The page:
08:30 – 09:00

09:00 – 09:30

Vootele Hansen, Chairman of the Board, Institute of Human Rights

Eiki Nestor, President of the Riigikogu

Mart Nutt, PhD, Member of Parliament, Host of the Conference

Prof Leonhard Lapin, Estonian artist, architect and poet, Professor Emeritus of the Estonian Academy of Arts

That small states account for the majority of UN member states confirms the increasing importance of their voice in international relations. As small states often cannot make themselves heard, they should take full advantage of one of their strengths – the ability to engage in effective cooperation.

Small states that are not burdened by an excessive state bureaucracy can be practical and flexible and adjust dynamically to change. This makes them effective partners for bigger states, because they bring with them new ideas.

Nothing threatens small states more than utter disregard for international law. But to protect this law, joint efforts are needed. If the rights of small states and of their people are to be protected, small states have to be emphatic in raising this issue in international fora. Estonia understand the need for small states to work together and is prepared to represent and protect the rights of all small states on the international stage, including as a non-permanent member of the UN Security Council.


Pasi Patokallio, Foreign policy and arms control expert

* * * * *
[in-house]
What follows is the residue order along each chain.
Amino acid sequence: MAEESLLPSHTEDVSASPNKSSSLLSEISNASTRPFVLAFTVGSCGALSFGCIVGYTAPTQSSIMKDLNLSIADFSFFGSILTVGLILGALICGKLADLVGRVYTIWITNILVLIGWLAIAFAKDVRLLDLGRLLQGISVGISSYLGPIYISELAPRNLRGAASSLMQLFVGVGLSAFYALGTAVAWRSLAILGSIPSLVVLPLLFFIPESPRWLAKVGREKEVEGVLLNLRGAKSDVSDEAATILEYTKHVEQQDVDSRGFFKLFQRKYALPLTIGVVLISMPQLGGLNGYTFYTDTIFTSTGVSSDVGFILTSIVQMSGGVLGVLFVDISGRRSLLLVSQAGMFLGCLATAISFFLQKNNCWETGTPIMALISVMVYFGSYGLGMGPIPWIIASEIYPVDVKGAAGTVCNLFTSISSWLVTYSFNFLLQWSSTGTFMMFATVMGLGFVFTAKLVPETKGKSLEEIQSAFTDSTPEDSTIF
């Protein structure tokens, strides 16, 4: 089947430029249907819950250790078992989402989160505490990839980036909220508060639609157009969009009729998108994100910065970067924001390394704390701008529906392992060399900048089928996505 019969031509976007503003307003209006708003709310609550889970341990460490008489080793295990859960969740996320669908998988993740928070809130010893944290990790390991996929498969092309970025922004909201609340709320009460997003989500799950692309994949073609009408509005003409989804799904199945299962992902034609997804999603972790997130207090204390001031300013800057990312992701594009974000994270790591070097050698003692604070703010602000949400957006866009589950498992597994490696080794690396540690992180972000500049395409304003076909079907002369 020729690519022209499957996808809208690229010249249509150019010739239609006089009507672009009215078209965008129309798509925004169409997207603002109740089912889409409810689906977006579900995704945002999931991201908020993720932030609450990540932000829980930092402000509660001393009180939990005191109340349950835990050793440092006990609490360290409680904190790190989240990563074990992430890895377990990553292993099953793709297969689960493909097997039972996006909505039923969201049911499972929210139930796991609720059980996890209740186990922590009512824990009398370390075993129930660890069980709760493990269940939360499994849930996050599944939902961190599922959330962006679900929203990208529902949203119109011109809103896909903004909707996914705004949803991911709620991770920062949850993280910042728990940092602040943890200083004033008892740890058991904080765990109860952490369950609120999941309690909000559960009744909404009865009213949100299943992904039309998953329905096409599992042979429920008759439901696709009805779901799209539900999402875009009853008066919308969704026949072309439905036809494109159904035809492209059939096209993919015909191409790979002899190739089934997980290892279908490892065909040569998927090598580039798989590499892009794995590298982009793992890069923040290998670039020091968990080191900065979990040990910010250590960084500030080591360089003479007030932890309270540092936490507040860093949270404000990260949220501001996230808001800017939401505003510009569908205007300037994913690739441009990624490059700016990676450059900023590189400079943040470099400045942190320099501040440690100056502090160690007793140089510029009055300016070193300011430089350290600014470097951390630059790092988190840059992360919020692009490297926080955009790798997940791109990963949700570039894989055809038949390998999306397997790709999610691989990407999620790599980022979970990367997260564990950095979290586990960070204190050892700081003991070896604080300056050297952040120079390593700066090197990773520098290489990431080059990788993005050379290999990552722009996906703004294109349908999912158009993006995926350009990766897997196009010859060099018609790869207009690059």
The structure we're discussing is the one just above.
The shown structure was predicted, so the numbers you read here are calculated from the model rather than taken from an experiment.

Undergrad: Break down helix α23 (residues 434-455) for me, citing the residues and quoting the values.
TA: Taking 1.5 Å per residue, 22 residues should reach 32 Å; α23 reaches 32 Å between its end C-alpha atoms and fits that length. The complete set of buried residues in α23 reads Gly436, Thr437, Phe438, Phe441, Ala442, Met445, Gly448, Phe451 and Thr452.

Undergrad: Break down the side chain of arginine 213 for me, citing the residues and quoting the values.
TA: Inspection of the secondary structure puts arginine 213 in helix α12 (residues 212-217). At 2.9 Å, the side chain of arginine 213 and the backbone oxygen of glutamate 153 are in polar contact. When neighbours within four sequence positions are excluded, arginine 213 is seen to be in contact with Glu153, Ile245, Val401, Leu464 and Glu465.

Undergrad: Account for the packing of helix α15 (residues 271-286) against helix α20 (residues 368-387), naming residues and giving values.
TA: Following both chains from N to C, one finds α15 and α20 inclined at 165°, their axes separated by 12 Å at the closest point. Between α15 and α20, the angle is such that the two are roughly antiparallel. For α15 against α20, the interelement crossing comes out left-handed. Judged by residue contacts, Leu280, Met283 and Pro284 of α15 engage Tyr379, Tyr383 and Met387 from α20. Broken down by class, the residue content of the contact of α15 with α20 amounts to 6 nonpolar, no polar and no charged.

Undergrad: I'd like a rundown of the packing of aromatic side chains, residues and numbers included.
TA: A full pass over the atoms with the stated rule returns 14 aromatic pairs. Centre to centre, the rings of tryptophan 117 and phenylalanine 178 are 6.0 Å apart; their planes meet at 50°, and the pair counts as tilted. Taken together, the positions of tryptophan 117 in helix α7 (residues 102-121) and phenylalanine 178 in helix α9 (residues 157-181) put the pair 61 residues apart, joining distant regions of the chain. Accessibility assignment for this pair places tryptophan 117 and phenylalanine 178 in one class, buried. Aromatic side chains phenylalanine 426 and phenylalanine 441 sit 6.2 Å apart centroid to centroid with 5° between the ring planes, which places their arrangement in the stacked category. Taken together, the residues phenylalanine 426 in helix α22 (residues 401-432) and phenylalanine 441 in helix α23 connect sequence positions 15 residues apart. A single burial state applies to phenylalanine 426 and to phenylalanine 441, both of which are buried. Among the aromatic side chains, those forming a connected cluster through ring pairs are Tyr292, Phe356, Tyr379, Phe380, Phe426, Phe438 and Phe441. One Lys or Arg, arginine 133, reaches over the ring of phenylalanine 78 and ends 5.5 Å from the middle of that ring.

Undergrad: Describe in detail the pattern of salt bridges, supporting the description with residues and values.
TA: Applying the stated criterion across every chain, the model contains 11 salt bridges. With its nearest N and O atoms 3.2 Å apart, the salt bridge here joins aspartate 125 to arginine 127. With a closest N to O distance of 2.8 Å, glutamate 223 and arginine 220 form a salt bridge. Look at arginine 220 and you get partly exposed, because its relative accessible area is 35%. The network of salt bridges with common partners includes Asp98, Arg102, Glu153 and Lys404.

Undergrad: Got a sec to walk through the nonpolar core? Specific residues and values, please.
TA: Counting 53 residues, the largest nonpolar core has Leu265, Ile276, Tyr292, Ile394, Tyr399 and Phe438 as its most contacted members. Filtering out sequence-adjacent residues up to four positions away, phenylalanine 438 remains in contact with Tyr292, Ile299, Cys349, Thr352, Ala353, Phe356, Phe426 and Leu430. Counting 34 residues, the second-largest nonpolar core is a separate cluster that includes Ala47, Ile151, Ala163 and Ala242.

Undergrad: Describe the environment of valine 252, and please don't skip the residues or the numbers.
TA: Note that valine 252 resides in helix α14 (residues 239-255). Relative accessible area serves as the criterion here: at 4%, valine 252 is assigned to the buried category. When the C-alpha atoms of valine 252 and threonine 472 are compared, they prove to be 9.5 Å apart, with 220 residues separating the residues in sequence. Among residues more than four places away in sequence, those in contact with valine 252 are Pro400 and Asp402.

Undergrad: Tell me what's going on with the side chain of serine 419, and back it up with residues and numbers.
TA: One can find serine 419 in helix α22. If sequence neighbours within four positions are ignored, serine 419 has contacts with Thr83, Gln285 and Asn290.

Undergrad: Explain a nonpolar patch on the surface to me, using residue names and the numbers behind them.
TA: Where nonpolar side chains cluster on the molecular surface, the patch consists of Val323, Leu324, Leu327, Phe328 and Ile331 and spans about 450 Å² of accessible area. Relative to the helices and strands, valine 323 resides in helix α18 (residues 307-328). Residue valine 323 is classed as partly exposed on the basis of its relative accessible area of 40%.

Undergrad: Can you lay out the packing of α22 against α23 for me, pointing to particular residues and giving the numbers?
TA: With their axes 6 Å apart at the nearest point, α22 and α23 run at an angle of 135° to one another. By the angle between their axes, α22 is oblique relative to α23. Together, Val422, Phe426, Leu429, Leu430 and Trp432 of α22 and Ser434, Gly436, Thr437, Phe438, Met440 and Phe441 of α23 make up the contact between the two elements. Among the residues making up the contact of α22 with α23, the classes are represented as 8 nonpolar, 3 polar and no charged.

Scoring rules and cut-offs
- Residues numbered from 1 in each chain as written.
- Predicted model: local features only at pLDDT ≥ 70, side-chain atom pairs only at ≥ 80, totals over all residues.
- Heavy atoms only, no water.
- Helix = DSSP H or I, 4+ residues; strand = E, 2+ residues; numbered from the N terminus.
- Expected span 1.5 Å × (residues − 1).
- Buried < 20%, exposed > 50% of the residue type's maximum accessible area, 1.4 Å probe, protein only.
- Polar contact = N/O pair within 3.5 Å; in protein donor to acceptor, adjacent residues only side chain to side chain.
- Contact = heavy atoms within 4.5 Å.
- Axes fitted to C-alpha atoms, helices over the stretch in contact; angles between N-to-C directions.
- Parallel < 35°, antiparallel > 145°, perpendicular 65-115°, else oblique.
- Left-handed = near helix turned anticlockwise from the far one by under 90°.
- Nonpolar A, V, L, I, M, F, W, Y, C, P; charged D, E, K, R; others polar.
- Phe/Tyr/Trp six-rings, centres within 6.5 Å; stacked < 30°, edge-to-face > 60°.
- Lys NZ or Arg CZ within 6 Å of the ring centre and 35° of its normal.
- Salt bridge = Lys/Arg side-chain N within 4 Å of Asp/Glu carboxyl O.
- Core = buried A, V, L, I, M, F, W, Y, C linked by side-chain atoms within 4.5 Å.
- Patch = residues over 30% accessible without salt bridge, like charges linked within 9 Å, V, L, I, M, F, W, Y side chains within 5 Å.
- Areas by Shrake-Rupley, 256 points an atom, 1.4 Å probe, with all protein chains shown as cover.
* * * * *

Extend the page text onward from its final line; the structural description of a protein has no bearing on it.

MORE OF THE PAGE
Jens Ole Bach Hansen, Danish diplomat, promoter of United Nations Sustainable Development Goals

Raimonda Murmokaitė, Director, Transatlantic Cooperation and Security Policy Department, Ministry of Foreign Affairs of Lithuania

Paul Teesalu, Estonian Undersecretary for Political Affairs at the Ministry of Foreign Affairs


Evelyn Kaldoja, Journalist, foreign policy expert, Postimees

Traditional human rights are being forced into the background in a world where intolerance is raising its head and extremist populists are entering the political scene. Do human rights need new regulation? Is the emergence of populistic confrontation, disrespect for other people’s vies, and a xenophobic and misogynous world view a sign that human rights organisations should look for new synergies among international and domestic human rights?

Human rights are far more than a political platform – in today’s world, they must be considered as geopolitical, technological, cultural and national strategies that provide a guarantee for free and equal development. Moreover, the protection of human rights faces new challenges in the form of security threats: terrorism, disregard for international law and uncontrolled illegal migration that also entails human trafficking.

While states on the one hand must provide security for their populations under these new circumstances, they also cannot themselves pose new threats to human rights. These are the greatest challenges in protecting democratic values.


John Dalhuisen, Expert on human rights and refugee issues, senior fellow at the European Stability Initiative (ESI)